I felt beautiful energy in TLV, says Gaga
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I felt beautiful energy in TLV, says Gaga

Iconic pop star reflects on Israel performance, says it's 'very safe' to be in White City

Lady Gaga in Tel Aviv, Sept. 13, 2014 (photo credit: Debra Kamin/Times of Israel)
Lady Gaga in Tel Aviv, Sept. 13, 2014 (photo credit: Debra Kamin/Times of Israel)

After hip surgery and parting ways with her longtime manager, Lady Gaga says things are looking up. And her concert in Tel Aviv last week was one of the uplifting factors, she said in an interview.

“I’ve very centered now. I meditate a lot. I’m happy. I am more sober than I’ve ever been,” the singer said in an Associated Press interview this week. “It’s a very happy time in my life.”

Last year, Gaga parted ways with longtime manager Troy Carter, who helped the pop star achieve multiplatinum status, dominate the pop charts and win multiple Grammy Awards. She said she was overworked and that greed led to their split.

“Part of what was making my sort of artistic experience so unpleasant was that I felt that I was not able to truly freely fly as an artist,” she said. “In some ways my talents were not being used to their full potential.”

Gaga says part of her happier state of mind comes from working with Tony Bennett on the album “Cheek to Cheek,” out on Tuesday.

Lady Gaga and Tony Bennett on stage in Tel Aviv, Sept. 13, 2014. (photo by Shooka Cohen)
Lady Gaga and Tony Bennett on stage in Tel Aviv, Sept. 13, 2014. (photo by Shooka Cohen)

The 28-year-old is currently on an international tour that wraps Nov. 24 in Paris. Calling from Istanbul, she spoke with AP about being unhappy, letting go of her manager, her under-selling “ARTPOP” album, and performing in Tel Aviv.

AP: Did your disagreements with management affect the making of “ARTPOP”?

Gaga: It certainly affected my mind during “ARTPOP.” I would have to say that whole situation had less to do with creativity differences and more to do with me really needing some time from myself to be creative. My schedule was way too difficult, I was not able to keep up and my whole business became very focused on making as much money as possible as quickly as possible, which is really not where my heart is.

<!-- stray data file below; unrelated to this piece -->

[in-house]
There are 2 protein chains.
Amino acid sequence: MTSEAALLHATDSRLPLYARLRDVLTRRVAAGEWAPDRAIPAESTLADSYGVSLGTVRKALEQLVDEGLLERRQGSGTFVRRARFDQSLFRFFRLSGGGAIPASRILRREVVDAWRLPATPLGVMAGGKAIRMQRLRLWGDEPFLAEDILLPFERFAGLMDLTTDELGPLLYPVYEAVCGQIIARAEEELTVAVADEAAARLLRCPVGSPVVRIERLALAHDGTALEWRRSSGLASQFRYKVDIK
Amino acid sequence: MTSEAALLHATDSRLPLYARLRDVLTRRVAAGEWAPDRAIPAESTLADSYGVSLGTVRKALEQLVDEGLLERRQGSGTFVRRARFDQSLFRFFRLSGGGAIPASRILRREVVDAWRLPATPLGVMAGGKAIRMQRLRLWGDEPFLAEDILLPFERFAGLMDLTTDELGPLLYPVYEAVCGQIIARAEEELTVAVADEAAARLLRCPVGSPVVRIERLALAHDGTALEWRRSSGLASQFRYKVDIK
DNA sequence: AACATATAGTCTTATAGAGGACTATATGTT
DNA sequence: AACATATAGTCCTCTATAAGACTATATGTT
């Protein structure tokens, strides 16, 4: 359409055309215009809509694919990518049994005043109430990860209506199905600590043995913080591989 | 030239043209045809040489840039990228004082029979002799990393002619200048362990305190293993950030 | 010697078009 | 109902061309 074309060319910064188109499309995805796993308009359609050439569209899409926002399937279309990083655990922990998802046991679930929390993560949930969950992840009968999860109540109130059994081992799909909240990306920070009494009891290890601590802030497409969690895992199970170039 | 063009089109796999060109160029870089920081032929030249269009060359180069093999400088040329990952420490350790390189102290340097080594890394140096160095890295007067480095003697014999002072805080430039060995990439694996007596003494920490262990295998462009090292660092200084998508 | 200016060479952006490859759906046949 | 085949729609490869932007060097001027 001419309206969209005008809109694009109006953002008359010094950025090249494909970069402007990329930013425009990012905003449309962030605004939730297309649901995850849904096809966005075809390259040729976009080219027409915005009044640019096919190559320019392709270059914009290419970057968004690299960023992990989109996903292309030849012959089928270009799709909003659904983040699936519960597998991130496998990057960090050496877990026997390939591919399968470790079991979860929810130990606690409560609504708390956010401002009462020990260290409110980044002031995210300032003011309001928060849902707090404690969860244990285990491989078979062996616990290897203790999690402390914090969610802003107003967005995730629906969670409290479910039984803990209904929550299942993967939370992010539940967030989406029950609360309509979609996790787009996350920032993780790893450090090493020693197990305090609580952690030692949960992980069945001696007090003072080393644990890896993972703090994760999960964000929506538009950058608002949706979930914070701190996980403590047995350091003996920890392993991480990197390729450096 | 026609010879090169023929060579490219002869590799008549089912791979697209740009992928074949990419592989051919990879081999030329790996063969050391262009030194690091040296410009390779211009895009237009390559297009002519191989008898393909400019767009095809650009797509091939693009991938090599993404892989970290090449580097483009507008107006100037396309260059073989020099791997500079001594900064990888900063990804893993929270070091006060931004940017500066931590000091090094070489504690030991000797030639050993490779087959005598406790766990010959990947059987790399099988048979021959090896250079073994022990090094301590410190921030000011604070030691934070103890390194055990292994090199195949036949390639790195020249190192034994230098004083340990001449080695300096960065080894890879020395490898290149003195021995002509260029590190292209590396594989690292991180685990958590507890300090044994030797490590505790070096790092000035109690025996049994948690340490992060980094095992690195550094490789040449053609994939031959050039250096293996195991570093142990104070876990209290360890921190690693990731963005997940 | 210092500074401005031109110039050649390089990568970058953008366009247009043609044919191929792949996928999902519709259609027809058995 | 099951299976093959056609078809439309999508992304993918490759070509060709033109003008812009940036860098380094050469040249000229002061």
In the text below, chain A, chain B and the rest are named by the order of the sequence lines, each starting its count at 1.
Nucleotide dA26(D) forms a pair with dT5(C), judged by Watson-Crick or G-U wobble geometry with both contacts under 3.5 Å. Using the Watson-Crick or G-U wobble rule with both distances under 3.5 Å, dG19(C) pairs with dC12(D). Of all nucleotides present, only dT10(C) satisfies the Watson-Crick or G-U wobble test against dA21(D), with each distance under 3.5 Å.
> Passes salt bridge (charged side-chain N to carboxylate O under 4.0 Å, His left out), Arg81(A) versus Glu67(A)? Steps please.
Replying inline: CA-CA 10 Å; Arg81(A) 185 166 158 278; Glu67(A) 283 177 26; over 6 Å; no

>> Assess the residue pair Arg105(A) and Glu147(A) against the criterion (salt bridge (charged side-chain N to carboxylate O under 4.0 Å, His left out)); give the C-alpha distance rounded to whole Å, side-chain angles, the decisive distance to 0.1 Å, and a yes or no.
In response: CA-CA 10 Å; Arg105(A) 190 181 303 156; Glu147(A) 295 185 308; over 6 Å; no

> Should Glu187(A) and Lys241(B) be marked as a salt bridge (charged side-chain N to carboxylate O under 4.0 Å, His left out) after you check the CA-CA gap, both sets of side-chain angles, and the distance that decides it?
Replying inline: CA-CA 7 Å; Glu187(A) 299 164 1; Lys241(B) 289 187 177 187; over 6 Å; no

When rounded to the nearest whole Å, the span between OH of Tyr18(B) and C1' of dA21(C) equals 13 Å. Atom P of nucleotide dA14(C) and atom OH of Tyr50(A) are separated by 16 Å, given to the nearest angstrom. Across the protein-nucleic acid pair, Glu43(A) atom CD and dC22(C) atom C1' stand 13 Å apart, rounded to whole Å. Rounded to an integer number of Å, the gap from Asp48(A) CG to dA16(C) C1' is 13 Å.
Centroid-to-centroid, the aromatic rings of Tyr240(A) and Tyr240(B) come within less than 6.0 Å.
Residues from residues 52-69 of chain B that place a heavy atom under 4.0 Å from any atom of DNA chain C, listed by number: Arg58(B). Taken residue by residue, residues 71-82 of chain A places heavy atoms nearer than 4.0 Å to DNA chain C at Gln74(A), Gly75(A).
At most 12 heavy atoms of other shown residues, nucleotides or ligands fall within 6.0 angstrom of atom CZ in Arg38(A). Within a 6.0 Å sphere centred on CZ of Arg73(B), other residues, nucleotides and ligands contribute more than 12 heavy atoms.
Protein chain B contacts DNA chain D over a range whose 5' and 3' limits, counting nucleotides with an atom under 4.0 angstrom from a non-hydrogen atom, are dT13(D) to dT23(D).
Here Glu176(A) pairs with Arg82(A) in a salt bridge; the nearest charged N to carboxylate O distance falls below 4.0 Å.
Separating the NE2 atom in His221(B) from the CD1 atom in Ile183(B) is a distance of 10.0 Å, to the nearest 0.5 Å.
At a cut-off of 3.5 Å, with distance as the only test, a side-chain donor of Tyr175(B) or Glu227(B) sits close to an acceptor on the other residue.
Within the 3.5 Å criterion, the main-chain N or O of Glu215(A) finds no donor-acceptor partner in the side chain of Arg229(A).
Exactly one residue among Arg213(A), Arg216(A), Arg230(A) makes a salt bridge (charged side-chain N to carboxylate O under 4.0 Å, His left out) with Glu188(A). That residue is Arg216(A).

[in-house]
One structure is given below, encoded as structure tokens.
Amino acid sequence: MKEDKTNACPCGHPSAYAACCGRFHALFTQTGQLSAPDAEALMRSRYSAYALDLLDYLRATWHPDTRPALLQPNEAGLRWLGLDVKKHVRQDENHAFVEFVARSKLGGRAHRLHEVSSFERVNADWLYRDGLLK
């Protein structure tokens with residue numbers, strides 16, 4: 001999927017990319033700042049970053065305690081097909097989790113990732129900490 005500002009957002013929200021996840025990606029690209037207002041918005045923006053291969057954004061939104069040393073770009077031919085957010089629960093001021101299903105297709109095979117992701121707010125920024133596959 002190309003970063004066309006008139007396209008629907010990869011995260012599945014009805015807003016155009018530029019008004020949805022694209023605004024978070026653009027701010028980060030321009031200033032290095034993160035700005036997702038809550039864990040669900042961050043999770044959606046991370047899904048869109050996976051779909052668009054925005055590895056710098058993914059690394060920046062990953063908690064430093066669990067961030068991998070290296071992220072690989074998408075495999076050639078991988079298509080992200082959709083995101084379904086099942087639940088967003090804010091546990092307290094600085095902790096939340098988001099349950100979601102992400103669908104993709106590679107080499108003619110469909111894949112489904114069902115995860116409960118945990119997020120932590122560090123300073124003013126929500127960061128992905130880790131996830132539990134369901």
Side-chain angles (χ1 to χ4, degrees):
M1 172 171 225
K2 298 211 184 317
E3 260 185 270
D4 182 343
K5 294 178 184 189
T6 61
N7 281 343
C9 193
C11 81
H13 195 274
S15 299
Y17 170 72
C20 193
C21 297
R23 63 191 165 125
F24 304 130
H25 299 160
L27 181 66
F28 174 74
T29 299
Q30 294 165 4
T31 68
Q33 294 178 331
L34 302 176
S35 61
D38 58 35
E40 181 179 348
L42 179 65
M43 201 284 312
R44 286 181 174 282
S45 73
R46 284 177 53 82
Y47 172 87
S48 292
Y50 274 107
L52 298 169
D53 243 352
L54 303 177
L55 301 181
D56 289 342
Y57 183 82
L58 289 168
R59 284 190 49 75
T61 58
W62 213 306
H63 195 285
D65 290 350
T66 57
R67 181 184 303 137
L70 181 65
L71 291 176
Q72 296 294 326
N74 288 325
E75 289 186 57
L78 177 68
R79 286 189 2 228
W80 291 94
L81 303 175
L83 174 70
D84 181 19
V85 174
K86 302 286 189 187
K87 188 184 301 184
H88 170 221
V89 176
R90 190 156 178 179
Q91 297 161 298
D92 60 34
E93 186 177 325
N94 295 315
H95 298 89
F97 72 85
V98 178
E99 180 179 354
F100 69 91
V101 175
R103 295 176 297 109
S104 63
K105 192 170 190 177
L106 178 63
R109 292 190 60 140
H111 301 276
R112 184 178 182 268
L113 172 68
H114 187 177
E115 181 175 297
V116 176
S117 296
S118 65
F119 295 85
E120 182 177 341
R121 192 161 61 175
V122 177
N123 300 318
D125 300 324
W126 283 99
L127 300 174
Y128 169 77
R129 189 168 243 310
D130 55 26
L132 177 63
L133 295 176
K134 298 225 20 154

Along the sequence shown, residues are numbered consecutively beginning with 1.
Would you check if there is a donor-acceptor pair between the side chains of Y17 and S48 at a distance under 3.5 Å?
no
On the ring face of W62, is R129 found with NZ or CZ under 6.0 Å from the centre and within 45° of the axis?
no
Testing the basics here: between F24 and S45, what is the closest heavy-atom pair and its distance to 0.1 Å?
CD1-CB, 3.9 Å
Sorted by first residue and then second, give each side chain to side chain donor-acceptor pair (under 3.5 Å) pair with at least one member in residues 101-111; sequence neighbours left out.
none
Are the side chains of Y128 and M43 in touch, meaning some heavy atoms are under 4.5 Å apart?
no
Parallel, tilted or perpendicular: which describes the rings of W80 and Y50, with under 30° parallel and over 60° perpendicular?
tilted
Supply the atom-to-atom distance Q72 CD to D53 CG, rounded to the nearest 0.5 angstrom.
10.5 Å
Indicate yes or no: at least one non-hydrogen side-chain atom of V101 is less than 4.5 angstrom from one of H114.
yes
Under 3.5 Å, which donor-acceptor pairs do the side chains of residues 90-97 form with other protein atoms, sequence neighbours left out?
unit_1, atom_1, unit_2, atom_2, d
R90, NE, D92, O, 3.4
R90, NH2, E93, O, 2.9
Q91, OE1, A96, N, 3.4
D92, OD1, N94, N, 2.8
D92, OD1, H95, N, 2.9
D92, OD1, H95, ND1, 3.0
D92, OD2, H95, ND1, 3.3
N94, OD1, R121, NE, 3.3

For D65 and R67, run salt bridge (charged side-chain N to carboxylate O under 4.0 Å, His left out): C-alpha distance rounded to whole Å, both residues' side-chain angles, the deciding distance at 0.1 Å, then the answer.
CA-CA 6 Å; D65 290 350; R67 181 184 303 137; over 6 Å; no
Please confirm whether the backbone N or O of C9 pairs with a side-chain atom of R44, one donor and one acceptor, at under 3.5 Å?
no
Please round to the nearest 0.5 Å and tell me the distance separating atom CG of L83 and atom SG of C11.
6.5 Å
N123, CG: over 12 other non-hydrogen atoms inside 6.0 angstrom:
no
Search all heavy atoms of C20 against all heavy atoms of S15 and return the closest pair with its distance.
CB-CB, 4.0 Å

My integrity as a musician is so much more important to me than money. … While I was making “ARTPOP,” I was very tired. I’m actually very proud of “ARTPOP.” As much as it’s had a lot of criticism, I think a lot of that had to with where I am in my career, I’ve been on top for a long time, I think it’s the nature of this industry — we love to build them up to tear them down.

AP: Other singers have backed out of performing in Tel Aviv. How did you make the decision to perform there this week?

Gaga: I was very confident based on my relationships with lots of internal, political people. We’re very lucky to have great relationships with the White House. They let us know it would be very safe while we were there, and I hope to share that with the world so that they know it is safe to be in Tel Aviv right now.

But I have to say, and I don’t mean this as a suggestion that anything bad would have happened, but I’m a gypsy and I live around the world, so in my mind when I was staying in Tel Aviv — I say this on my song “Gypsy” on “ARTPOP”: “Be my home just for the day” — that would have been my home while I was there and it was. … I felt a beautiful energy when I was there.

Last Saturday, the iconic star brought a psychedelic, wild performance to Tel Aviv.

Lady Gaga in Tel Aviv, Sept. 13, 2014 (photo by Shooka Cohen)
Lady Gaga in Tel Aviv, Sept. 13, 2014 (photo by Shooka Cohen)

Gaga, the multi-platinum, multi-hued, multi-talented artist formerly known as Stefani Germanotta, was the first big-name star to confirm a show in Israel after this summer’s 50-day war with Hamas forced the cancellations of Neil Young, The Backstreet Boys and Lana Del Rey.

Gaga, who last played Tel Aviv six years ago, put on a show that was so big and bright, it almost made up for those cancellations. Sauntering on stage at 9:40 p.m., in the first of several blonde wigs and sequined, space-age like bodysuits, she launched into “ArtPop,” her world tour’s signature track, before belting out “G.U.Y. (Girl Under You),” as a bevy of bare-chested male dancers gyrated and convulsed around her.

Like many of this summer’s pre-war musical acts, including The Rolling Stones and Justin Timberlake, Gaga sprinkled bits of Hebrew into her show, opening her performance by telling the crowd “Ani ohevet othem” (I love you) and closing off several of songs with the words “Todah Rabah” (thank you very much).

The show was everything Gaga promised and everything fans have come to expect from her — loud, florescent, sexually explicit and mind-numbingly bright. While the middle of her set featured some of the more bubble-gum pop tunes (“Paparazzi,” “Poker Face,” “Just Dance”) that propelled Gaga to fame, the show was bookended by her newer tracks including “Manicure” and “Venus” — songs that are harder and more acid-tinged, and complemented the Hannibal Lector masks, the whips, chains and acrylic accessories of her back-up dancers.

“Put your hands up and cheer for yourselves,” she told the crowd. “You are strong, you are brave, you are confident, and I f*cking love you, Israel.”

Her words, no doubt, were part of her much-heralded campaign for equality and self-confidence. But after a summer of relentless rocket fire, Gaga’s color-drenched love fest was also a much-needed pick me up for a weary Tel Aviv.

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